Jacob, whose name means supplanter or deceiver, met and wrestled with the Lord one night. (Gen. 32:22-32) Fear of his brother Esau had driven him to be alone. In this aloneness, God came and engaged Jacob…a battle of supremacy ensued. The Lord, after an all night wrestling match, touched the hip socket of Jacob, causing it to shrink and come out of place. Jacob would be a man who limped the rest of his life. It was a constant reminder of this night of wrestling and the change wrought by it. He had met God, and God had won. Jacob looked weaker, but now, he was actually stronger.
We need men in leadership who have Jacob’s Limp! That is, men changed by intense and faithful wrestling with God in prayer. Men changed from their old ways of manipulating circumstances to a new way–God’s way. We need marked men…men with a limp.
What do we see in this story? What changes do we see in Jacob? Briefly, we see several important lessons, here are a few salient ones:
1. God changes Jacob’s name - Jacob, who had displayed his conniving and deceptive ways toward his brother and father, received a new name–Israel. Israel means wrestler or prince with God. What a change. From supplanter of men to prince with God.
The Lord wants to display a changed name in our life. From carnal, self-centered and silly leaders, to men who know how to engage with God in prayer and display His character. Our new name is Christian. May our character and actions, by God’s grace, properly represent this.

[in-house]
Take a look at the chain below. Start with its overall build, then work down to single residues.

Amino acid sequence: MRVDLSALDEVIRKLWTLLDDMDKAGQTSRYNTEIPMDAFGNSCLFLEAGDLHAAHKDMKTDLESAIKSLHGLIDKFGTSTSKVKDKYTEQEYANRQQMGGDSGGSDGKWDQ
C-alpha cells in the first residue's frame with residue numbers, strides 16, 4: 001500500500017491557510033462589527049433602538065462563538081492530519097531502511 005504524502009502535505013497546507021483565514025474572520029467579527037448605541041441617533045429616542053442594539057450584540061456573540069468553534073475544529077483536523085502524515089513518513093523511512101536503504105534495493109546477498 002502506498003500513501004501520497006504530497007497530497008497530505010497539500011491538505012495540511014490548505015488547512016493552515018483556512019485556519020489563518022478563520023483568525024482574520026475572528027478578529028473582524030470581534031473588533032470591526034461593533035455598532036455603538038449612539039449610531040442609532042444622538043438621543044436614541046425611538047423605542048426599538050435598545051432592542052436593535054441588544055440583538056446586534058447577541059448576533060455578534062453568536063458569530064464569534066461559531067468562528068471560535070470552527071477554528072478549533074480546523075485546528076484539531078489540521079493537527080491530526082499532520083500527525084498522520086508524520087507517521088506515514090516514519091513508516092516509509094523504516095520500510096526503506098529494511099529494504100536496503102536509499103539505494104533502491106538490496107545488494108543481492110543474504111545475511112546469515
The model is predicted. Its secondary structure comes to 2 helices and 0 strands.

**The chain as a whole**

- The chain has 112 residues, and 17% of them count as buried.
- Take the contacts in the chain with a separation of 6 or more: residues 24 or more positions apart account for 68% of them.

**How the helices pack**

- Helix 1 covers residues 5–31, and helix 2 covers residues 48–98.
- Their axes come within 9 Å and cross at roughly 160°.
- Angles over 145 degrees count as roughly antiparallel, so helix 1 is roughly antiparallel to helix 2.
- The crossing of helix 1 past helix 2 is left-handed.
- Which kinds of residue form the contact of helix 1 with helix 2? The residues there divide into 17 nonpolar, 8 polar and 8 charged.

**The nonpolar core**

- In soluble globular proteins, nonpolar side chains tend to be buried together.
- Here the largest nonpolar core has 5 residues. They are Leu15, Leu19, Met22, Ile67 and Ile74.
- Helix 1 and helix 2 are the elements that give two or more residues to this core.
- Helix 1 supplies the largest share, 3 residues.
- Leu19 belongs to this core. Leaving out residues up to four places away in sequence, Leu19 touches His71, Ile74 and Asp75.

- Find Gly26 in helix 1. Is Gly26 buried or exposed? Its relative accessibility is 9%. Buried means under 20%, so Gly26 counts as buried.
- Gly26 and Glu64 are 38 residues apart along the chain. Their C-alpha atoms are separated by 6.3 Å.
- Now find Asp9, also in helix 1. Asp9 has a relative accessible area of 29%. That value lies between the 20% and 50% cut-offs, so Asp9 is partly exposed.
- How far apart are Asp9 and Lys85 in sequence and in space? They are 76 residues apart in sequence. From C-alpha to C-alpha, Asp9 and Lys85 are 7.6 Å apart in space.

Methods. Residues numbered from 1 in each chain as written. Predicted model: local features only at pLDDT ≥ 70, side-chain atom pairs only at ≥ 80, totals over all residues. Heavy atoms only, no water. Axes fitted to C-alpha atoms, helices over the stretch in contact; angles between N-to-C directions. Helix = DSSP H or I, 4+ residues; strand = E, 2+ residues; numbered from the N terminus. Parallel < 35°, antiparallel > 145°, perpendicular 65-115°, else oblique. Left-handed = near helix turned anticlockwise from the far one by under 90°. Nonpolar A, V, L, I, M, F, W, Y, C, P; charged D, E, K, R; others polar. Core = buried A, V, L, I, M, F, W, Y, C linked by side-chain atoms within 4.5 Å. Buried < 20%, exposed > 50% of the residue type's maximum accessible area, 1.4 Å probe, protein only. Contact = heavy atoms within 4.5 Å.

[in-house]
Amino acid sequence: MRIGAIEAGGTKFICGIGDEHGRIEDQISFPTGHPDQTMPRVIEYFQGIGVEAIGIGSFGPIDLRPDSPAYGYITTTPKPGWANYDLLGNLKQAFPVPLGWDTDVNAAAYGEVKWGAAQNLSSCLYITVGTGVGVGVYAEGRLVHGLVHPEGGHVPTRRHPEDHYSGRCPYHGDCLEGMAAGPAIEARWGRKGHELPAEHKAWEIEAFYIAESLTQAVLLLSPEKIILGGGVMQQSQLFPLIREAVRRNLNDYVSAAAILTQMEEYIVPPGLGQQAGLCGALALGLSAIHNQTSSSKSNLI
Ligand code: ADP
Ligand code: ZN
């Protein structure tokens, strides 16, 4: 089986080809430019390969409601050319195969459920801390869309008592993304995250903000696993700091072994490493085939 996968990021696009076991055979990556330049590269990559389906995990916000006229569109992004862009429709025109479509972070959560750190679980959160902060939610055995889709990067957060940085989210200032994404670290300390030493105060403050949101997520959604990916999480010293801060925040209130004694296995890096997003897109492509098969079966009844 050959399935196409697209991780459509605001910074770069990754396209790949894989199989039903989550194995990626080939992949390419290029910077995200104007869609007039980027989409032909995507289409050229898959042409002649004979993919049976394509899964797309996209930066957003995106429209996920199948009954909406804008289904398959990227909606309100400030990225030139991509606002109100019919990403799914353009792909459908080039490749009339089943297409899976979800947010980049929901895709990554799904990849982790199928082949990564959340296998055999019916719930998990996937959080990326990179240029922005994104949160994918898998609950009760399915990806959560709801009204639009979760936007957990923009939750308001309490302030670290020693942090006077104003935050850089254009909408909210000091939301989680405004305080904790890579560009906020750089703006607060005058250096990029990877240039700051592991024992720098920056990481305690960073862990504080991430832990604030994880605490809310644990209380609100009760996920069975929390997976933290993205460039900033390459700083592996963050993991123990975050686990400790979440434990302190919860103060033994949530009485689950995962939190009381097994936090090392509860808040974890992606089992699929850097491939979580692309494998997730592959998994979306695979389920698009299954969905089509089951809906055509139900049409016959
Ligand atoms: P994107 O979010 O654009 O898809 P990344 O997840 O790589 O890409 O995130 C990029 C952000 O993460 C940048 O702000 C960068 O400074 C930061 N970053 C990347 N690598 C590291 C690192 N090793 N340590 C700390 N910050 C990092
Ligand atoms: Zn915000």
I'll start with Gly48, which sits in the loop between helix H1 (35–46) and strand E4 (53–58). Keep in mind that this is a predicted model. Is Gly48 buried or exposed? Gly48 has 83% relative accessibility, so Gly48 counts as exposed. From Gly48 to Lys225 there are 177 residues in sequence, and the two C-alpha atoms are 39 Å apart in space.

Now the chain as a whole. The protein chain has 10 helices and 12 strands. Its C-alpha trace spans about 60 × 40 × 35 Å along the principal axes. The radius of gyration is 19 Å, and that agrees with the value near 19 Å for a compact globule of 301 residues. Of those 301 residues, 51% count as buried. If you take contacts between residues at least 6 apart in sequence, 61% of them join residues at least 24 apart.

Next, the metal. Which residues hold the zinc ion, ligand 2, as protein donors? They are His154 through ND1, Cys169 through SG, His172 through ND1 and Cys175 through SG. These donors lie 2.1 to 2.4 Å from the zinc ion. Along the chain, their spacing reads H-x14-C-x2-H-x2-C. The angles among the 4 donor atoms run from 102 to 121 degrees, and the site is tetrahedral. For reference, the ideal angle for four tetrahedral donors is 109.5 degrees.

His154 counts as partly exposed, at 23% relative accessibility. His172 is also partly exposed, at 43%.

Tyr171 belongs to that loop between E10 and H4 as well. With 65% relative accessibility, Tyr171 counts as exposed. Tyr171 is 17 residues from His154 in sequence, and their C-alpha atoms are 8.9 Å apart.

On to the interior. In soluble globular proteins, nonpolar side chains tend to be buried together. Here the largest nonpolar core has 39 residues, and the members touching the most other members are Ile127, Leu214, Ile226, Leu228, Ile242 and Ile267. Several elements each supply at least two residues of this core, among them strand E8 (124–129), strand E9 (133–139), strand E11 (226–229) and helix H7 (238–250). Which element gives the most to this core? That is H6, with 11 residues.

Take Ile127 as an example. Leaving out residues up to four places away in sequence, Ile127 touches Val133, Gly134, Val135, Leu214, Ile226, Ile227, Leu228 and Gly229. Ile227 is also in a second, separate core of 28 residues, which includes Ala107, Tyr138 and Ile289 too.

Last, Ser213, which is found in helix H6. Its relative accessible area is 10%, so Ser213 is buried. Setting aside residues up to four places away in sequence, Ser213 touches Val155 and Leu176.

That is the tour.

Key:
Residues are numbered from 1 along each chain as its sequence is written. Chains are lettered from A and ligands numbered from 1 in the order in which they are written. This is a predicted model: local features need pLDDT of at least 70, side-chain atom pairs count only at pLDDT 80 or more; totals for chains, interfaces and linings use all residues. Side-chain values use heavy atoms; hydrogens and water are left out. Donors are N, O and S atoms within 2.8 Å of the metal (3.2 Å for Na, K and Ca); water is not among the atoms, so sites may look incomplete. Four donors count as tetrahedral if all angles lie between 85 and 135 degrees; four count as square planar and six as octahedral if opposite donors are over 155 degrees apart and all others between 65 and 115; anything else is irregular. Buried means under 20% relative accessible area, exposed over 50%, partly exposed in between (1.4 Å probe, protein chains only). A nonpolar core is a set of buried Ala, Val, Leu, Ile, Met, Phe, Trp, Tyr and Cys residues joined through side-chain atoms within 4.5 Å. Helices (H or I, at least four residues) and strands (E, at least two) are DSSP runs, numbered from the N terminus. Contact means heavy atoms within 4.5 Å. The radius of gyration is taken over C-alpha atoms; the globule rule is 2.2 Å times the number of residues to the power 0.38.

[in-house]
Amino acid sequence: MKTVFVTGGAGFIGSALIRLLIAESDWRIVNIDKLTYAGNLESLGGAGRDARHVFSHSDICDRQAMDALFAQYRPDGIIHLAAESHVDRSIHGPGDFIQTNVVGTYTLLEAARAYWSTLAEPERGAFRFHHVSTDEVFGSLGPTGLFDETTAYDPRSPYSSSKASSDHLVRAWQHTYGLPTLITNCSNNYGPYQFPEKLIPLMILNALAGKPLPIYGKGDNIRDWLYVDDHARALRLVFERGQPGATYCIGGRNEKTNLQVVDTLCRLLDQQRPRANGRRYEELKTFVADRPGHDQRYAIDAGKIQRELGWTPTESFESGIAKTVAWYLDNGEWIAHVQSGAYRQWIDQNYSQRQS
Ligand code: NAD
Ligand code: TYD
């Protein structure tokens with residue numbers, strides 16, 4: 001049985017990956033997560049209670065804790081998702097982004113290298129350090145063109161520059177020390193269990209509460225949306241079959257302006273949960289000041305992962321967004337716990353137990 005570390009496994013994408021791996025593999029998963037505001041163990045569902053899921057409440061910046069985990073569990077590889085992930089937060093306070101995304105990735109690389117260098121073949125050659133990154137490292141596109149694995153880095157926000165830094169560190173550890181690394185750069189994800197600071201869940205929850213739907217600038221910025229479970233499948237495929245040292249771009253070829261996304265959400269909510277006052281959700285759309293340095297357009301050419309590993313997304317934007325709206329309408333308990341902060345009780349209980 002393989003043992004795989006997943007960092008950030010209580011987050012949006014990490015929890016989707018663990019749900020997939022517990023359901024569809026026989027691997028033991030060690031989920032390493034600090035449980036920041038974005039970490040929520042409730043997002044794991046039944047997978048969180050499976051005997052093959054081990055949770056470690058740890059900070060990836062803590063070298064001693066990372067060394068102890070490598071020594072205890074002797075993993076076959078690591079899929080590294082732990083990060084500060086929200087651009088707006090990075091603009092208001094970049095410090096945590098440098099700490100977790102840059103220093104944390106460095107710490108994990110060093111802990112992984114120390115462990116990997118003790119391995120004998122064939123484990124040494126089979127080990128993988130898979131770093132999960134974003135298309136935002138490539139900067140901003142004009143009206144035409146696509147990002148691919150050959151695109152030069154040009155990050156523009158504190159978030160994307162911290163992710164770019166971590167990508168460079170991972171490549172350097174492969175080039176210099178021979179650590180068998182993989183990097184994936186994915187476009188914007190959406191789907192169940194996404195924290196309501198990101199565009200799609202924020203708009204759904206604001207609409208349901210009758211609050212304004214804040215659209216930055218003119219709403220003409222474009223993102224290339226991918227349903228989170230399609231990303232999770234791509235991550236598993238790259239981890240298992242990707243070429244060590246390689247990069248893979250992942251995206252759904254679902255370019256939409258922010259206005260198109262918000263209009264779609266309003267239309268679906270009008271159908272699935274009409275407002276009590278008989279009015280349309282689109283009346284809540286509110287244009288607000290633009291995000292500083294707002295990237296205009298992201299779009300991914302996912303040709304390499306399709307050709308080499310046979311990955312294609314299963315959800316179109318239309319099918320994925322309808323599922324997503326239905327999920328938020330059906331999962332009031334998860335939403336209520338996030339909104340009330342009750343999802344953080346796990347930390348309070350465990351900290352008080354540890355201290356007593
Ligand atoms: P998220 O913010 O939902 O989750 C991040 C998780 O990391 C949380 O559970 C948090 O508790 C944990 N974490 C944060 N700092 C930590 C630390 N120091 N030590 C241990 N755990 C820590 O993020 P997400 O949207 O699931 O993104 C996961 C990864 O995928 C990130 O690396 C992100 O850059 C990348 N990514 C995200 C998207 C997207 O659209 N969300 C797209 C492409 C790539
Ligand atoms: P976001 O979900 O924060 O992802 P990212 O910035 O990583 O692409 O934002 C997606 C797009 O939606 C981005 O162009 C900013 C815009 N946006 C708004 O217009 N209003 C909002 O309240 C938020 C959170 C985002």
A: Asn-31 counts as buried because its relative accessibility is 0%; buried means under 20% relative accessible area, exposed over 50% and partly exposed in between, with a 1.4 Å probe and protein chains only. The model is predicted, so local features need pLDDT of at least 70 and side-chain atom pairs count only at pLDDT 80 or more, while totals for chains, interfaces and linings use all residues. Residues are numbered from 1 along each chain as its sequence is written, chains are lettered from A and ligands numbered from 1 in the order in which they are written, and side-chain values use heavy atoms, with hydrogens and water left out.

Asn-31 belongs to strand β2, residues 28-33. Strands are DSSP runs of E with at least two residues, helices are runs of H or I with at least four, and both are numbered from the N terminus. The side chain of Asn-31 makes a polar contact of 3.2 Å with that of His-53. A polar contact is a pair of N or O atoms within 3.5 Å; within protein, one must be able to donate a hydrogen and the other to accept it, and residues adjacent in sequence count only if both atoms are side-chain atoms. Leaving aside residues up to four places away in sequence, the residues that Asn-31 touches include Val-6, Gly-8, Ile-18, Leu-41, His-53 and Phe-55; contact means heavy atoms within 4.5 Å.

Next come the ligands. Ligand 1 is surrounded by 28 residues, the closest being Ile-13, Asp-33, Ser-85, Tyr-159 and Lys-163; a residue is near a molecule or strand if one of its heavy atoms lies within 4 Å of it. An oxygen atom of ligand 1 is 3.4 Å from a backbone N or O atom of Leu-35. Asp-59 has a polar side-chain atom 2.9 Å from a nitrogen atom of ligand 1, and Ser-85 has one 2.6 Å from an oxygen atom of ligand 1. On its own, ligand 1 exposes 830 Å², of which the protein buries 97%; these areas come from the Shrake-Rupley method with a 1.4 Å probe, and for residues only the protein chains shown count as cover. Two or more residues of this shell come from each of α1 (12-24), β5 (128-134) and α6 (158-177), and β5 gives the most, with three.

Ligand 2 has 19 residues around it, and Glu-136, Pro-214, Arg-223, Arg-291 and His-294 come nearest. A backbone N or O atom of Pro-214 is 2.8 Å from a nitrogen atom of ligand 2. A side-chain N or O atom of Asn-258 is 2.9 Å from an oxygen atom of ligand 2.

2. God changes Jacob’s confidence - Instead of being a man of fear, Jacob was now a man who could fully trust God in the midst of adverse circumstances. He could rise up and meet his potential adversaries without the driving force of the fear of man.
Our confidence should rest in nothing except our identification with Christ and Him crucified. He is our strength, wisdom, righteousness and confidence.
3. God changes Jacob’s walk - Jacob would no longer be the fast moving man who would send others to do his bidding or run from his enemies. Now, he was a man slowed down by God and demonstrating his constant weakness as he limped from place to place. A constant reminder before himself and all who would meet him, that God was superior.
Do others know and see our weakness? If they meet us, do they quickly recognize that we have been touched by God in prayer? Is our walk distinctly different from the strut of pride we see in the world? Many times, I’m afraid not. We become so busy trying to reach the world that we walk, talk and act like the world.
We could bring many other points out, but these three are the foundational ones. When looking for men to place in leadership or men to network with, look for men who walk with Jacob’s limp. They will be time tested and broken. They will be proven and yielding. They will walk free of fear and manipulation. Their weakness will be undeniable as they glory in their infirmities. They will be men of prayer…they will limp.
Picture the morning after Jacob’s encounter with God. The sun is rising and his family is looking to see who is coming. As the mist of the morning dew and fog is lifting next to the river Jabbok, there appears a man with an unfamiliar walk; a man with a limp. Who could this be? As he gets closer they notice it is Jacob. However, he is different…different in name, confidence and walk. Jacob had been with God. His limp proved it!
Because of Grace,